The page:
A Permanent Democratic Majority

Gallup Poll map of political party advantage

A few years ago, Hugh Hewitt wrote a book, “Painting the Map Red: The Fight to Create a Permanent Republican Majority” featuring an elephant with a paintbrush turning the lower 48 states into a solid red map.  Its for sale in the remainders rack at Barnes and Noble for about five bucks.

So the folks over at Gallup.com have compiled a list of the most Democratic and most Republican states in America.  Hugh’s elephant may have to forget about the red paint.

From Gallup’s site:

In 2008, Gallup interviewed more than 350,000 U.S. adults as part of Gallup Poll Daily tracking. That includes interviews with 1,000 or more residents of every U.S. state except Wyoming (885) and North Dakota (953), as well as the District of Columbia (689). There were more than 15,000 interviews conducted with residents of California, New York, Pennsylvania, Texas, and Florida.

More after the jump:

This large data set provides the unique ability to give reliable estimates of state-level characteristics for 2008. Each sample of state residents was weighted by demographic characteristics to ensure it is representative of the state’s population.

In order to rank the states on partisanship, Gallup analyzes “leaned” party identification by state. This measure adds partisan-leaning independents to the percentage who identify with either of the parties. Thus, the Republican total includes Republican identifiers and independents who lean Republican, and the Democratic total likewise includes Democratic identifiers and independents who lean Democratic.

Take a look at the map again and then read this:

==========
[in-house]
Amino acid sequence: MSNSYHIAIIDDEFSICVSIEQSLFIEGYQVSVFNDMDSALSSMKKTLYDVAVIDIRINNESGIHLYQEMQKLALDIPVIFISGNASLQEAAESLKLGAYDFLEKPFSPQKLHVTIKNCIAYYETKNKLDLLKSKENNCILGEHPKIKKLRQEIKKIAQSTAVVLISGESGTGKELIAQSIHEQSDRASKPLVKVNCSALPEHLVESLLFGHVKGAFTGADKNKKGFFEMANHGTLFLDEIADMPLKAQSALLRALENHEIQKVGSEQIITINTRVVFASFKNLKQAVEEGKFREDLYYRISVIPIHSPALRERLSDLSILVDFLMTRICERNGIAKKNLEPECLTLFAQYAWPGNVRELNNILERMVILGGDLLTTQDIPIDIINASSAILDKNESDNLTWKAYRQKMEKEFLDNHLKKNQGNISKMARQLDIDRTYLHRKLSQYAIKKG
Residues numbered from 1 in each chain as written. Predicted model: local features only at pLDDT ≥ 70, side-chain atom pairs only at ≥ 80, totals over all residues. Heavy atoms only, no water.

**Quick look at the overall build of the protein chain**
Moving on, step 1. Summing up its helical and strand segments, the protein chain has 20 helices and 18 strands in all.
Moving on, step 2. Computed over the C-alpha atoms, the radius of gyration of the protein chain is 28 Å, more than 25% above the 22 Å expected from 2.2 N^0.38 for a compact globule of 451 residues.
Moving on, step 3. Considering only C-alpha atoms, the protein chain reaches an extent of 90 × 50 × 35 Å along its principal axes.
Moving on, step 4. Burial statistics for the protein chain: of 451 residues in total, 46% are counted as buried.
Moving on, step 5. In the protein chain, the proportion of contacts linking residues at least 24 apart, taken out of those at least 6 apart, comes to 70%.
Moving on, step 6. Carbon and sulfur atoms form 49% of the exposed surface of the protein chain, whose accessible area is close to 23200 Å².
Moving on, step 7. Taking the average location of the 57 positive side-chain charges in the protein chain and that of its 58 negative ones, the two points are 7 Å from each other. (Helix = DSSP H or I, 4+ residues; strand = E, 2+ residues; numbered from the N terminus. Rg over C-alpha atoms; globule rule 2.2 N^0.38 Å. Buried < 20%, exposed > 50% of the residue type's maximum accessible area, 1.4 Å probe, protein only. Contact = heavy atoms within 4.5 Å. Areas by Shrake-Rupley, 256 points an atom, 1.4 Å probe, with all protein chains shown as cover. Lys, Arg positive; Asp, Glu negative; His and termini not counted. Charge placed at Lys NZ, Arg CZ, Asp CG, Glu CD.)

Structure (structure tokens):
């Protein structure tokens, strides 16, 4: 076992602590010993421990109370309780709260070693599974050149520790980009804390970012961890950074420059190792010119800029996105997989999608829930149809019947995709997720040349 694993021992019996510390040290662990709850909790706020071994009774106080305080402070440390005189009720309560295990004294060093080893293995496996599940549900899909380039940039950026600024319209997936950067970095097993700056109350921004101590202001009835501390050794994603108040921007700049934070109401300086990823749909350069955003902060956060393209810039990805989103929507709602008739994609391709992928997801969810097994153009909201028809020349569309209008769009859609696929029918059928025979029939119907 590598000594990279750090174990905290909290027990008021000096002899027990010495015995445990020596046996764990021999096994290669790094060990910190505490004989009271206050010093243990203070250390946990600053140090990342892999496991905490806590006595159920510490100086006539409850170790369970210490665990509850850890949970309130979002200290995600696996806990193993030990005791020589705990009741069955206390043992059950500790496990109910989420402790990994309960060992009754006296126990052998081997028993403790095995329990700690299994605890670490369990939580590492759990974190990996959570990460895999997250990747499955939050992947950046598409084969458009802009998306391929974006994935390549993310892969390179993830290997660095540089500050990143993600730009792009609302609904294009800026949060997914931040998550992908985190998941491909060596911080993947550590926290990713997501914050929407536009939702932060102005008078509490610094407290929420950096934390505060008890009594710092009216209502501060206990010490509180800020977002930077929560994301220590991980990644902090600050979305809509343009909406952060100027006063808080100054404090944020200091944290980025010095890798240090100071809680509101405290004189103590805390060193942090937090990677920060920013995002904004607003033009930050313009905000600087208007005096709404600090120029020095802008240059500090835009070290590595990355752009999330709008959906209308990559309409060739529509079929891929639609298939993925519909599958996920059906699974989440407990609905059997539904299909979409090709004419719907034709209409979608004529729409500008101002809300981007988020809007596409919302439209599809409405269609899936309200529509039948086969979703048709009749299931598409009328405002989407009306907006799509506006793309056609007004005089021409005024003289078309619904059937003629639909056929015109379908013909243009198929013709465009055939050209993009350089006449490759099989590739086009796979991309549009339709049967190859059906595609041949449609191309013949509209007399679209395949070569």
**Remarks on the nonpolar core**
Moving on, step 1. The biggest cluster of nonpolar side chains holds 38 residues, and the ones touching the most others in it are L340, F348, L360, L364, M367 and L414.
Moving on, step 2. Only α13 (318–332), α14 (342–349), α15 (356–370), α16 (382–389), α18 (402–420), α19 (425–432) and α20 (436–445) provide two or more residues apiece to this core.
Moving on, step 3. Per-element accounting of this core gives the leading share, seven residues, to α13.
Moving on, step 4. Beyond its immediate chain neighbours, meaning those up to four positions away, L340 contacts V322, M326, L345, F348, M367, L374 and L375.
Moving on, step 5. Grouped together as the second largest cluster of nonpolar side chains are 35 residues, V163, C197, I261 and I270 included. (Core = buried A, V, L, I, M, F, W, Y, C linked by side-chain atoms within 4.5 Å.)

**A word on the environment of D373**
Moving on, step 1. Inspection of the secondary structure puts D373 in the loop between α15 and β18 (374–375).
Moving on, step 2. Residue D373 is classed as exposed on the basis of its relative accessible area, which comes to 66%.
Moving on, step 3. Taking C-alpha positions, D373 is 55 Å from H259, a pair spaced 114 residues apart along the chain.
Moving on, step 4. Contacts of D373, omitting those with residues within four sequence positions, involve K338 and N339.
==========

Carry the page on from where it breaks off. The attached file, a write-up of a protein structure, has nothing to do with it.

What is immediately clear from the map is that residents of the United States were very Democratic in their political orientation last year. In fact, Gallup has earlier reported that a majority of Americans nationwide said they identified with or leaned to the Democratic Party in 2008.

All told, 29 states and the District of Columbia had Democratic party affiliation advantages of 10 points or greater last year. This includes all of the states in the Northeast, and all but Indiana in the Great Lakes region. There are even several Southern states in this grouping, including Arkansas, North Carolina, and Kentucky.

An additional six states had Democratic advantages ranging between 5 and 9 points.

In contrast, only five states had solid or leaning Republican orientations in 2008, with Utah, Wyoming, Idaho, and Alaska in the former group, and Nebraska in the latter.

The most balanced political states in 2008 were Texas (+2 Democratic), South Dakota (+1), Mississippi (+1), North Dakota (+1), South Carolina (even), Arizona (even), Alabama (+1 Republican), and Kansas (+2 Republican).

Bad news for our Republican friends right?  As bad as things are right now, most people are going to pin the blame on Bush for the pickle we’re in and not Obama who’s been in office for 9 days with no love from the Right side of the aisle.

Couple this bad news with this story in today’s Washington Post.  From the story, this pathetic scene:

The members linger over soup in the hotel restaurant and chat quietly in the hallway. Ron Kaufman — a committeeman who was tight with Daddy Bush — tries to sell a couple of fellow members on the virtues of Ayn Rand’s “The Fountainhead.” Eventually the group files behind closed doors to commiserate in secret. Beginning today it will open things up for publicly consumable speechifying.